The Winnipeg Jets don’t have an easy road ahead. In their next 11 games, only 3 of their opponents are currently sitting outside of a playoff spot (the Blackhawks, Blue Jackets, and Islanders twice). For their remaining 30 games, the Jets sit 15th in ‘strength of schedule’ with difficult games against Boston, Carolina and the New Jersey Devils (2). They also play what is assumed to be a middling Meier-less Sharks team three times in March and April.
Oddly, the Jets are a below .500 hockey team (10-11-0) against the Eastern Conference this year, with multiple losses to both Toronto and Washington. It’s a confounding stat attributable to losses against Montreal, Columbus, Philadelphia and Detroit – all beatable teams. They have 11 such Eastern Conference games left to close the season.
Now that we know the path forward, what can the Jets do to ensure success closing out the season, and hopefully into the playoffs:
Continue to perform well against non-playoff teams: Winnipeg is a blistering 19-6 against non-playoff teams this year. That’s some serious “TCB”. Nine of those wins were against the struggling Blackhawks, Blues and Canucks – but good teams handle their business against bad teams. The Jets’ only losing record vs. non-playoff teams are Detroit (0-1) and Columbus (0-1). Recent history has not been kind to the Jets in this regard, so undoubtedly this ascendance is a refreshing change of pace.
Continue to improve in the possession game: Courtesy of my co-host on The Airport Lounge Podcast, the Jets are 3rd in ‘Corsi For’ over their last 10 games at 53.9%. In fact, in their last 13 games, the Jets have only lost the possession battle (statistically) 3 times. That is good. The Jets have historically been a below average 5 on 5 possession team, and strong possession metrics correlate to playoff success.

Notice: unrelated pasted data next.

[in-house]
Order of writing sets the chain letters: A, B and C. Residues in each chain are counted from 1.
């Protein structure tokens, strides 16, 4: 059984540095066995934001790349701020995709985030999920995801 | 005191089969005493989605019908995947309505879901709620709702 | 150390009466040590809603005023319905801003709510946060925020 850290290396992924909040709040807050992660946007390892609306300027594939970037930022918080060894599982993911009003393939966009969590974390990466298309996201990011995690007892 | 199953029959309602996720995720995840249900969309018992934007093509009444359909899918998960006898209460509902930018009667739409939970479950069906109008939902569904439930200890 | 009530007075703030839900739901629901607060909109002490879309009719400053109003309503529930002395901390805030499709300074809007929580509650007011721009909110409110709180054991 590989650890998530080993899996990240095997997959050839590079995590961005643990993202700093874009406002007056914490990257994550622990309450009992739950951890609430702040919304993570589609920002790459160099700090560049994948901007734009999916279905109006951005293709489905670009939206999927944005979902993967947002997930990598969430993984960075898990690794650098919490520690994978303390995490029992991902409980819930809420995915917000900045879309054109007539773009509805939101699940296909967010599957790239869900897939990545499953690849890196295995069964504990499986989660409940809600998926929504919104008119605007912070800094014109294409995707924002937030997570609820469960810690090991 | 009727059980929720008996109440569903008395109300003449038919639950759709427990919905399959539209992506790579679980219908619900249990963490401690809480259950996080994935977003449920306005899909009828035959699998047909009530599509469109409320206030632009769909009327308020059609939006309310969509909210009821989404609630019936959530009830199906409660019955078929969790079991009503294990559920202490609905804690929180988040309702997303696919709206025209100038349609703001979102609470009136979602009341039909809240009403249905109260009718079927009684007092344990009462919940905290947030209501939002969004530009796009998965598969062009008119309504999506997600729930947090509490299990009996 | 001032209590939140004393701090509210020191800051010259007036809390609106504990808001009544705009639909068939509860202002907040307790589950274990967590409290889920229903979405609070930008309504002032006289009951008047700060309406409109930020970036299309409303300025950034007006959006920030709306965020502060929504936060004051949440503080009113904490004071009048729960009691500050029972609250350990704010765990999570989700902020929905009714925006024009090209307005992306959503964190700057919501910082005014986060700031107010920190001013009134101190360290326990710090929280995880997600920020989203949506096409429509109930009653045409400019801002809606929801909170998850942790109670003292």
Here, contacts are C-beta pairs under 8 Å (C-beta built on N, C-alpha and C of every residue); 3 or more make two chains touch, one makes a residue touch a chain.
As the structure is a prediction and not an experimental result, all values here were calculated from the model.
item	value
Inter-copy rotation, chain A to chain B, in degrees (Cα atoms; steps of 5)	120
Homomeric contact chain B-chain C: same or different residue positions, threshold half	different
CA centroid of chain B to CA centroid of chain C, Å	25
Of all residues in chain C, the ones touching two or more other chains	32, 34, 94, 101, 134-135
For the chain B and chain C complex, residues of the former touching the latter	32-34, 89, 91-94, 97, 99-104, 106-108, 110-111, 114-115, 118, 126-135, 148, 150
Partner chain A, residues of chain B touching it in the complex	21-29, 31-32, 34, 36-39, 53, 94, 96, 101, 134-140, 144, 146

Start scoring on the powerplay: The Jets are 1 for 20 on the powerplay in their last 5 games. That is admittedly a small sample size, however, expanded further, the Jets are 18% in their last 15 games which would rank 6th worst in the league. As an aside, the Edmonton Oilers score on 31.8% of their powerplay opportunities. If that seems crazy high – it’s because it is.
The highest powerplay conversion rate in NHL history is 31.9% by the 1977-78 Montreal Canadiens. The Jets play the Oilers in a home-and-home at the beginning of March, so suffice to say – stay out of the penalty box fellas.
What is going on with Winnipeg Jets defenseman Logan Stanley?
Bench Logan Stanley: For the love of all things Winnipeg Jets, please bench this man. Nothing personal, it’s just that Logan is not great at hockey. Coach Bones’ decision to pull Samberg in favor of Stanley is puzzling:
It is clear above that Samberg is a better option than Stanley moving forward.
The Jets need a bit more from Cole Perfetti: It’s tough to demand more from a guy currently sitting second in rookie scoring, and who has also been statistically solid on the defensive end – especially for his age:
As currently constructed, the Jets need even more. Offensively, Perfetti’s true talent lies in his playmaking skills, but his 8.4% shooting percentage sits 10th on the Jets and ranks below Nate Schmidt. The Jets’ 3rd and 4th lines have not been prolific point producers, so their top 6 need to carry an extra offensive burden. Puck luck is bound to regress a little, but the Jets need Perfetti to reach another gear for the home stretch.
In all, the Jets are a good team, but unfortunately, good teams don’t win Stanley Cups – great teams do. Fans of the Jets are salivating at prospective additions to the roster at the trade deadline, but internal housekeeping is also in order. Their remaining schedule is difficult, but not prohibitively so – therefore the Jets are the true makers of their own destiny.